This article was originally published by Tyler Durden at ZeroHedge.
Italy’s 10% mortality rate has been one of the most disturbing mysteries of the global pandemic. Italy’s mortality rate is roughly 20x Germany’s (a relatively benign 0.4%), and many multiples of China’s (roughly 2.5%) rate.
As scientists puzzle over the reason, researchers have proposed a theory that’s being vetted by peers: Italy’s mild flu season left a larger victim pool for COVID-19. This would suggest that the US, which has struggled with more lethal flu seasons, won’t have as large a pool of potential high-risk victims, especially as testing suggests the virus is more widespread than many had expected.
A report by the Italian Ministry of Health found that elderly people and those with chronic diseases who were spared death by the flu from November through January are “outsize” targets for the more lethal novel coronavirus in March.
But thanks to the fact that there were fewer flu deaths, this “led to an increase in the pool of the most vulnerable,” according to the report, which analyzed data from 19 Italian cities through March 21. In other words, when taken alongside flu season deaths, the bump in deaths would be much beyond what would normally be expected for a developed country struggling with a COVID-19 outbreak.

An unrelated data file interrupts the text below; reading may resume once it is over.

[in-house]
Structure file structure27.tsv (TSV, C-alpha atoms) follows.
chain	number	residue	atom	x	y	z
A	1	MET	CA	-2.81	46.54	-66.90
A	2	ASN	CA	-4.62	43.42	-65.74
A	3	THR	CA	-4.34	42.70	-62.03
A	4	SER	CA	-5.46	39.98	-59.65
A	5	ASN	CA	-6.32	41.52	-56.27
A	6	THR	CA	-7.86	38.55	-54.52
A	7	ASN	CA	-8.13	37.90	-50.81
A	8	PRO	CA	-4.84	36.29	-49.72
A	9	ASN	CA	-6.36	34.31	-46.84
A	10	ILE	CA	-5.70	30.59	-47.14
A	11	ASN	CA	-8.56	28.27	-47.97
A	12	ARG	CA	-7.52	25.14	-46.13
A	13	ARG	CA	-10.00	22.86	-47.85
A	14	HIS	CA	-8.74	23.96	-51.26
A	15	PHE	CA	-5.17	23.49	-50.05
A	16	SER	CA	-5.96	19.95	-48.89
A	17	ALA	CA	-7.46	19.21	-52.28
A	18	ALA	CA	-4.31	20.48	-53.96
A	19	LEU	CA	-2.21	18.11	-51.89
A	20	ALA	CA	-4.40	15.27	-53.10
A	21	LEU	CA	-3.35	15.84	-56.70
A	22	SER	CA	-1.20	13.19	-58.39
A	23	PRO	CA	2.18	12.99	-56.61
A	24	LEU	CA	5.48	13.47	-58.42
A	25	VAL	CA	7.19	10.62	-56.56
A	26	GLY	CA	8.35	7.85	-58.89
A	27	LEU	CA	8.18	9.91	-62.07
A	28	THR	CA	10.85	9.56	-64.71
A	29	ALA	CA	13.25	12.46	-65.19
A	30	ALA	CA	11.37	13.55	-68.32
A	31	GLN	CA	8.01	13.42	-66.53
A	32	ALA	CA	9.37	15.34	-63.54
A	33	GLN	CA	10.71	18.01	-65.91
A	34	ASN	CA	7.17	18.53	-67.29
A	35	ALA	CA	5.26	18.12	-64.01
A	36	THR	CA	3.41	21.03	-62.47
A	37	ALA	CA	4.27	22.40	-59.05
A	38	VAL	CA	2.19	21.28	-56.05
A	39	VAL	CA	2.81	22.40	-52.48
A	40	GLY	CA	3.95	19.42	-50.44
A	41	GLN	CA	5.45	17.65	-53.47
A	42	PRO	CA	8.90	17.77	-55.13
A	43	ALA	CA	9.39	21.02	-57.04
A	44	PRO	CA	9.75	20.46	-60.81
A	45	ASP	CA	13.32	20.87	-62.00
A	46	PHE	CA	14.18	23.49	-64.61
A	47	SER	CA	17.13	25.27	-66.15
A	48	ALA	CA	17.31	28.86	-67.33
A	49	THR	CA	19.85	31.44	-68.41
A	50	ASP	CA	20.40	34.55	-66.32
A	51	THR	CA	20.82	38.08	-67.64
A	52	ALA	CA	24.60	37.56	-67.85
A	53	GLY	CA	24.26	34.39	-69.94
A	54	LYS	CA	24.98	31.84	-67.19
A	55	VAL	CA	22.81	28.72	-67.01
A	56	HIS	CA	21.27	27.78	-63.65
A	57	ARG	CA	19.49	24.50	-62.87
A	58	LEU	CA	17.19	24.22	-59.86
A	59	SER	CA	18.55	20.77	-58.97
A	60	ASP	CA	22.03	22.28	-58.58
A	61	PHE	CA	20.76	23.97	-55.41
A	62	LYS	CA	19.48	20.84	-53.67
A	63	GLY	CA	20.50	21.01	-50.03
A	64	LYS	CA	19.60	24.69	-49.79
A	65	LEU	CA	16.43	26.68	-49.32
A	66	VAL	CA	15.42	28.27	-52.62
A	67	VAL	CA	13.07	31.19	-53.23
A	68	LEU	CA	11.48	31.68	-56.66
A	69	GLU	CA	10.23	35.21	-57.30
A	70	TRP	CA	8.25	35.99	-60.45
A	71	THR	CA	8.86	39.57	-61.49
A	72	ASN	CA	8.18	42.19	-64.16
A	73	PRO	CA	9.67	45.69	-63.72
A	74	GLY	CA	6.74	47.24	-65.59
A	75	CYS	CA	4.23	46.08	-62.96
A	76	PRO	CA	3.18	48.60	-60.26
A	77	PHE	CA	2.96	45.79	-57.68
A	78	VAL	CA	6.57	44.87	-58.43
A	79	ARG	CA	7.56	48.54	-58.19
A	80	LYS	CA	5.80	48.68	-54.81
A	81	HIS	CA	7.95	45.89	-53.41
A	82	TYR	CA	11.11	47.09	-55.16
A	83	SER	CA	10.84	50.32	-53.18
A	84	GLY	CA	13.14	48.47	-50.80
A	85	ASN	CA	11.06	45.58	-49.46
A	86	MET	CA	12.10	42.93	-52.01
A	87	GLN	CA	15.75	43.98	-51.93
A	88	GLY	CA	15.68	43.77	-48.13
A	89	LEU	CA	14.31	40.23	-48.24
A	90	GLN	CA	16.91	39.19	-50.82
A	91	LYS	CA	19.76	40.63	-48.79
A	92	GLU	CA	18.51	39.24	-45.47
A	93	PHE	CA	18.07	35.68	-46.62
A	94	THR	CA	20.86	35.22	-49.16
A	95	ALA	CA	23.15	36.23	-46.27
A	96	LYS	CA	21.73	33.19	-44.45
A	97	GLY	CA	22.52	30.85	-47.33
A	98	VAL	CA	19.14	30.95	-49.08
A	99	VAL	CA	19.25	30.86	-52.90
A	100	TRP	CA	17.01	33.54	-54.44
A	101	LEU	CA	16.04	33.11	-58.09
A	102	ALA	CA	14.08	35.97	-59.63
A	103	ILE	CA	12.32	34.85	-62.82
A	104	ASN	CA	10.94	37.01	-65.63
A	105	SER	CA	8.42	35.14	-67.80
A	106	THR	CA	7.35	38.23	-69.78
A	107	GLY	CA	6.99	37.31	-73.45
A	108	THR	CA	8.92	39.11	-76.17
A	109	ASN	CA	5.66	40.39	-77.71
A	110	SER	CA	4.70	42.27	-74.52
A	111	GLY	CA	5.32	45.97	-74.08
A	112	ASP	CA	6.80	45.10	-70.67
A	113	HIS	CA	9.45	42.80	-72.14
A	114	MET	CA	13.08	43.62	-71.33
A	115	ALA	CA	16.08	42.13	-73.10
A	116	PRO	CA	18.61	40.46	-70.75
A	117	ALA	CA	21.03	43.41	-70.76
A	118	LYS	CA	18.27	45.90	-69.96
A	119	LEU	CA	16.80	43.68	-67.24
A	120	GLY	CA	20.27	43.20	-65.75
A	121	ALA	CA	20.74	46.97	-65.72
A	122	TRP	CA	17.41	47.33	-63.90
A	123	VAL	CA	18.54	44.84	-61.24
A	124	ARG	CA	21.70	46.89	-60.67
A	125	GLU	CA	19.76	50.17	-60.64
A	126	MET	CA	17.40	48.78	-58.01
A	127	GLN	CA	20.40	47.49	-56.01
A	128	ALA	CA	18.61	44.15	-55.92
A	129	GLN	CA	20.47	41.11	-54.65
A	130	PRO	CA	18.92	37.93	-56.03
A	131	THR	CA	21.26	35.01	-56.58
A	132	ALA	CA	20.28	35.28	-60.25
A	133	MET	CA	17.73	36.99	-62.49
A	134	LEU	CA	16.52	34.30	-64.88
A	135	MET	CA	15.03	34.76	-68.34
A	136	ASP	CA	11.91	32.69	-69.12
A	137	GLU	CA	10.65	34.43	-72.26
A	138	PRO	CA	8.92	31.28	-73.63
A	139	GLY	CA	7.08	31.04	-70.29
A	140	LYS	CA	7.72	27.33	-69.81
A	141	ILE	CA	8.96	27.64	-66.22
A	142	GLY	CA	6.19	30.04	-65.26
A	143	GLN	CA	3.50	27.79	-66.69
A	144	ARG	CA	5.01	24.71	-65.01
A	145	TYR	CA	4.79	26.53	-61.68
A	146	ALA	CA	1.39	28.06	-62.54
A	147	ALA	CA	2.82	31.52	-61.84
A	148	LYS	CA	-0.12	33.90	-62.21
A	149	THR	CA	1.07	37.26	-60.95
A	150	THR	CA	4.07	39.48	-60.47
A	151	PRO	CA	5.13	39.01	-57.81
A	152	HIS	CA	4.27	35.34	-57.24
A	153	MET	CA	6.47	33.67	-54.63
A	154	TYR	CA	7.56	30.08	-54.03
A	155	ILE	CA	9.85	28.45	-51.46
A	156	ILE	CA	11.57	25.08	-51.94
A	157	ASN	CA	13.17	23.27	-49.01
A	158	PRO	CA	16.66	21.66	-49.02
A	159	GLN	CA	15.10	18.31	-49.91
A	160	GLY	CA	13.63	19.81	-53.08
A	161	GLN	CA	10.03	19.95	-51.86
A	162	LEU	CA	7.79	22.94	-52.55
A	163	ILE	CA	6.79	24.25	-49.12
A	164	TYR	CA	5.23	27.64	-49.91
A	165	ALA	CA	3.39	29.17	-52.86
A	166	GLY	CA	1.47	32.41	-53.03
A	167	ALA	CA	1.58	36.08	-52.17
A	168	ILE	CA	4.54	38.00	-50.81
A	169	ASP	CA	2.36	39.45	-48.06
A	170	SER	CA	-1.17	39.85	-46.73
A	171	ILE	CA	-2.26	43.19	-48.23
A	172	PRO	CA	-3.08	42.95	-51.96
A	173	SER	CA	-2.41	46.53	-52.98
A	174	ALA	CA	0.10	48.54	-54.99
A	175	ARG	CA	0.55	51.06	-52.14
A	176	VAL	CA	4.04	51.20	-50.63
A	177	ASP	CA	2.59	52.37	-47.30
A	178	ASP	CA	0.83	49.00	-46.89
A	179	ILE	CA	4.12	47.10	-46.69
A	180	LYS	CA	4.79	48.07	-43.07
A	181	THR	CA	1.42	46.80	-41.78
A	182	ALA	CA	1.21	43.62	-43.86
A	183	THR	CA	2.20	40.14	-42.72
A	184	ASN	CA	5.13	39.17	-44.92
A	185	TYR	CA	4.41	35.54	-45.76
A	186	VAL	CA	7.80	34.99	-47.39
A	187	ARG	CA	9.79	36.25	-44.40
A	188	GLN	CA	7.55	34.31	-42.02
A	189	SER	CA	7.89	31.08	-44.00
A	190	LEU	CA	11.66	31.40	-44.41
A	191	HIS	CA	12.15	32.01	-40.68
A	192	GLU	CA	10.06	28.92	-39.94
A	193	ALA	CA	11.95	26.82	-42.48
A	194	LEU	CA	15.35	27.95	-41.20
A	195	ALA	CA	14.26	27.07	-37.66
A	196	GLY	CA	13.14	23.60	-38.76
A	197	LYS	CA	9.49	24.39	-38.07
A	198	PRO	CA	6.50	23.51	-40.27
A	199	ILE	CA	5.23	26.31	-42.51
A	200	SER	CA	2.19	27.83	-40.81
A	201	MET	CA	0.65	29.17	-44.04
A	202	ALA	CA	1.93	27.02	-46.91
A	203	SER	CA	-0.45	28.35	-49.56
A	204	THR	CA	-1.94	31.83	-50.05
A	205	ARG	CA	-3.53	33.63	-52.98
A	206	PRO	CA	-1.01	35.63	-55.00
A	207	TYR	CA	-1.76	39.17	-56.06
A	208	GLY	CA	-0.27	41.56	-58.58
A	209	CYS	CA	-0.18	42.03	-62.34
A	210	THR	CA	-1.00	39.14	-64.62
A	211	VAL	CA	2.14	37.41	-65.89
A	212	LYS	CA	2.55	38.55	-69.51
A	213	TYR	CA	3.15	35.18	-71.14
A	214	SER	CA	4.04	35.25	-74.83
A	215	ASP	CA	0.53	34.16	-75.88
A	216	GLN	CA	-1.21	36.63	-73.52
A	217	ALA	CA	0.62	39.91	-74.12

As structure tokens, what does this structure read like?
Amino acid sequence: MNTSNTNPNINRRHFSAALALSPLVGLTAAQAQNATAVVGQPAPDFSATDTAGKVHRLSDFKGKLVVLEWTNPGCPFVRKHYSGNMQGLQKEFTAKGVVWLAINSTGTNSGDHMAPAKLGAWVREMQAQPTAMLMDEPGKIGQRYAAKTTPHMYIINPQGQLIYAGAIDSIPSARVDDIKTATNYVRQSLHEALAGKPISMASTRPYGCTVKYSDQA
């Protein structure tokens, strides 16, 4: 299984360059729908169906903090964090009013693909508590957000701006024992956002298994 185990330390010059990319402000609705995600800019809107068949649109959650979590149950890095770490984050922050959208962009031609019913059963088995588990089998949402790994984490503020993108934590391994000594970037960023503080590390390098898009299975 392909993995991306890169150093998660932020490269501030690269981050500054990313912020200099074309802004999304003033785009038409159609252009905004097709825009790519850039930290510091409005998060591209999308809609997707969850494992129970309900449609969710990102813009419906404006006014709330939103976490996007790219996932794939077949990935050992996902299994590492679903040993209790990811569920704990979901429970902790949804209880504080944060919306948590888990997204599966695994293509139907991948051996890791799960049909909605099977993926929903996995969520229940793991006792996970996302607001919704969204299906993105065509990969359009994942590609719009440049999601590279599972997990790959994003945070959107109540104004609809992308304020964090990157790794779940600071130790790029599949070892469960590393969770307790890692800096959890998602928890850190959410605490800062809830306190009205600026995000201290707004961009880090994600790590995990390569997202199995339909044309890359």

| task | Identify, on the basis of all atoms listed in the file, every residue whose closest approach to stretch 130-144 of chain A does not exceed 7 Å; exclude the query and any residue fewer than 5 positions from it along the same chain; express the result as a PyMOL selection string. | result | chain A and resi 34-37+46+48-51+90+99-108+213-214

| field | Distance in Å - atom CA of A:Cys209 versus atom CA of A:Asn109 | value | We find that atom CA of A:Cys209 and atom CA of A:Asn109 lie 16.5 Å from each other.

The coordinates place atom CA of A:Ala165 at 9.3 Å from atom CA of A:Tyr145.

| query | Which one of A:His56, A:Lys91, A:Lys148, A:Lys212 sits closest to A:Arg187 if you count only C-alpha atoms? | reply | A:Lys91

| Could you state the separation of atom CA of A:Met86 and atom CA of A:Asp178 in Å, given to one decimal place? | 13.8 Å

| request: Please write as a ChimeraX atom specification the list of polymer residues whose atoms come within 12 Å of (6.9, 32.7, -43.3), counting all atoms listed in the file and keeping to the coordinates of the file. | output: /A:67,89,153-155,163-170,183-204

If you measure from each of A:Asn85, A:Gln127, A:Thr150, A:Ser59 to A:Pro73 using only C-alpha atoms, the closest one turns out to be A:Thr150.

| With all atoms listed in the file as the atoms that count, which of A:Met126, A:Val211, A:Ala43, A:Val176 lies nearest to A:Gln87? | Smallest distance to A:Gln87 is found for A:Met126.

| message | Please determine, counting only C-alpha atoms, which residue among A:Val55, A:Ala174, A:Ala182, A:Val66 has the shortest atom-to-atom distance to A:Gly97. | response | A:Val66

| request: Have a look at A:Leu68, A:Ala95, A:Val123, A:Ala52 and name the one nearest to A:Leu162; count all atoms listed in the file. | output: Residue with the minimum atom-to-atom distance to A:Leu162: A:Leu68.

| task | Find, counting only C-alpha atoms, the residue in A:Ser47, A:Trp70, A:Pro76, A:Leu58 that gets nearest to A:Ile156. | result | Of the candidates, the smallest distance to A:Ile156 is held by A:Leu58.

COVID-19 has been spreading in some parts of Italy since early February. In the northern cities that have borne the brunt of Italy’s more than 12,000 deaths, flu mortality among people age 65 and over was 6% below a baseline from previous years. In the cities of central and southern Italy, flu deaths were 3% off the baseline.
Could this account for enough deaths? It’s possible that it could account for at least some of the discrepancy.
A chart shows how deaths among the 65-plus population during the coronavirus outbreak through March 21 has already reached the levels of the previous two flu seasons and were still below the total flu-season deaths from three seasons ago (the 2016-2017 season).
Mild temperatures were credited with the drop in flu deaths.
Understanding the history of Italy’s flu outbreaks could hold the key to explaining its outlandish mortality rate from COVID-19. Italy has reported more than 105,000 confirmed cases, along with 12,428 deaths.